Kansas State has seen this adversity before.
It was just a year ago that the Wildcats were picked to finish eighth in the Big 12. The season played out quite differently, as KSU rattled off 10 wins and a second-place finish in the conference.
This year, they are in a similar position, picked to finish sixth despite the success of 2011. They will again have to prove they belong among the league's top teams.
"I think you look back at last season and we moved up maybe six slots," coach Bill Snyder said. "I just hope that we can do something similar to that. But for us that's, I don't think, really significant."
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With Snyder, the main focus is internally, with the demeanor of his team. He wants to make sure it has the best opportunity to win, and it starts with All-Big 12 senior quarterback Collin Klein.
Klein broke onto the college football scene last season, passing for 1,918 yards and 13 touchdowns with only six interceptions. However, the bulk of his impact was made in the running game, as he carried 317 times for 1,141 yards and a conference-leading 27 touchdowns.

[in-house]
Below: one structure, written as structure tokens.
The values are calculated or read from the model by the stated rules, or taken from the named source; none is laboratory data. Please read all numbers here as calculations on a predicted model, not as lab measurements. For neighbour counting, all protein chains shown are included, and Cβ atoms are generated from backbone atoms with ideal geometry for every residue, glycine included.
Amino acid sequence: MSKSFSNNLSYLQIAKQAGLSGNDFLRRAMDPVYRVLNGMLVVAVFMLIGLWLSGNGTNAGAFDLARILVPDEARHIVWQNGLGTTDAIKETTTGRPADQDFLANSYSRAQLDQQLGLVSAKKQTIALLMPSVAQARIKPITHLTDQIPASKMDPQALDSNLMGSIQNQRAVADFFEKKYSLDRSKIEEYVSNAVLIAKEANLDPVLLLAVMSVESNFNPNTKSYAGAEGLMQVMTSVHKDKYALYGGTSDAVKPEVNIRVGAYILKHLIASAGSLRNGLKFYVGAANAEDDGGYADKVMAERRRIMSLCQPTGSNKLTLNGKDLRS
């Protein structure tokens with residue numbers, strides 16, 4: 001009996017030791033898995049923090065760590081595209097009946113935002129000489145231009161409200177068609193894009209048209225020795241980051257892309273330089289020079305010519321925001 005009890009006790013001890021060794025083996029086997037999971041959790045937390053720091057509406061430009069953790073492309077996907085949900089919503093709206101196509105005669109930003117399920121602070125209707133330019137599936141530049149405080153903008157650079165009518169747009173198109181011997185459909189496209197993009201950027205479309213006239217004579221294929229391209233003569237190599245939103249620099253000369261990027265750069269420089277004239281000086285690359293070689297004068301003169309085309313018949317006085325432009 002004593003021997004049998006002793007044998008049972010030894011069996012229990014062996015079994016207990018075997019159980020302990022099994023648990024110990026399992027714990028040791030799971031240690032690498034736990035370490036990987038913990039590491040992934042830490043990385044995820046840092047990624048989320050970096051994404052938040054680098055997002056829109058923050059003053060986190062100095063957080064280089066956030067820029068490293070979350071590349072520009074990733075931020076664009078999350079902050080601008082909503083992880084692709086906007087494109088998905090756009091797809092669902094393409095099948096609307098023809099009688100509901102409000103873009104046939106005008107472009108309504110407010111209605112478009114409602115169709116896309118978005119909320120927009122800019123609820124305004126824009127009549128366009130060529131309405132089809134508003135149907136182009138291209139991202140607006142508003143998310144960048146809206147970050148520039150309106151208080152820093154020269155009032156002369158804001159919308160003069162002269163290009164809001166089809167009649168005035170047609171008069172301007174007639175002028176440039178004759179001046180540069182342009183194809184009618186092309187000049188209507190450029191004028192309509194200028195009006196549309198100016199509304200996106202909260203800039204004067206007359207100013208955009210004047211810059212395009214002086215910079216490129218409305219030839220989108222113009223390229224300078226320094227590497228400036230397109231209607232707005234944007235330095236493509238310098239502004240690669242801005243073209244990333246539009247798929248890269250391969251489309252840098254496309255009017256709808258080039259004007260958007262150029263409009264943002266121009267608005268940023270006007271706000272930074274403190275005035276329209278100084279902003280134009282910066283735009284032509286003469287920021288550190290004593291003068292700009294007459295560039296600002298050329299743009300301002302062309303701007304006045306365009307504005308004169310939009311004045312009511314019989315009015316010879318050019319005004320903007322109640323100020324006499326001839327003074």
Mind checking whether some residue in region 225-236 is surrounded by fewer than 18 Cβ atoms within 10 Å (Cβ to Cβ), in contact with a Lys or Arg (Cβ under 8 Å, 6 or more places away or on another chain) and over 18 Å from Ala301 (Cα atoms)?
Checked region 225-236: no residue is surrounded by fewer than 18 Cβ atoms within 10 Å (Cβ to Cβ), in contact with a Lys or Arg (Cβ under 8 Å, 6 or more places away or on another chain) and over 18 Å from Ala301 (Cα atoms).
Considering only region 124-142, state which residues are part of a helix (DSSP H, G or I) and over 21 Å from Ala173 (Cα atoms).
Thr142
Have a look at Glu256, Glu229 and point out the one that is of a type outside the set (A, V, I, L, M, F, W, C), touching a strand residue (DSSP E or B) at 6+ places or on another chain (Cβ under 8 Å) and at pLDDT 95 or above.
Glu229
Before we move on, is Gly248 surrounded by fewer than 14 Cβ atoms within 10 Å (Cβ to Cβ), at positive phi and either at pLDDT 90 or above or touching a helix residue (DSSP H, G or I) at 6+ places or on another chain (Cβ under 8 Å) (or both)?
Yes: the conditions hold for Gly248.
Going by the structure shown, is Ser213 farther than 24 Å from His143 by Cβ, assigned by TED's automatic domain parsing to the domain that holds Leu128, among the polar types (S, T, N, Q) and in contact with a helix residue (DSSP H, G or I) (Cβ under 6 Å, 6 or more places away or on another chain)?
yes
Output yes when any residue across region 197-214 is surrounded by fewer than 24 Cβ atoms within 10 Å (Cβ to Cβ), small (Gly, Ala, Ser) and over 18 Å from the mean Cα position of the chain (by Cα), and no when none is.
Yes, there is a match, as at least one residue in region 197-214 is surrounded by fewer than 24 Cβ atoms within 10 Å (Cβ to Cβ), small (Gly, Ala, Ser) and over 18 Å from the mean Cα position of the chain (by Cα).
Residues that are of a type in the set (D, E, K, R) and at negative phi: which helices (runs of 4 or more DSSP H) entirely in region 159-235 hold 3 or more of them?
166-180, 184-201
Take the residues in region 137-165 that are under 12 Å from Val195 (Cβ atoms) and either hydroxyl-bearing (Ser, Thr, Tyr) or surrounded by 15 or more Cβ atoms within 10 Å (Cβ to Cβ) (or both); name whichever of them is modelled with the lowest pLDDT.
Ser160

"Collin is a wonderful young person," Snyder said. "He has made tremendous improvement during his time in the program, and it's happened because of the quality of person that Collin is. He's one of those young guys truly committed not just lip service to it, he's truly committed to becoming better every single day of his life in all facets of his life."
Klein, who ranked fifth in the Big 12 in rushing yards in 2011, said he was a pro-style quarterback in high school, and that running the ball so many times last season was different for him. However, he said his main focus is winning games, and if that means carrying the ball 20-plus times, that's what he'll do.
"Last season took on a little bit of a shape of its own to where I'll do whatever we have to do to win," he said. "I ended up running the ball a lot, but it's whatever the team needs at that time, then we'll do it."
Klein said the most important aspect of playing quarterback is leadership, a quality that he learned from his upbringing and has continued to work on in Manhattan. He said the accountability of the veteran players would help drive the Wildcats toward success in 2012.
"If there was one set formula for leadership, someone would be making a ton of money," he said. "Leadership is something that's not quantifiable, it's not physically measurable, other than in the results you see. For me, I think my biggest thing is I truly wanted my teammates to know that I cared."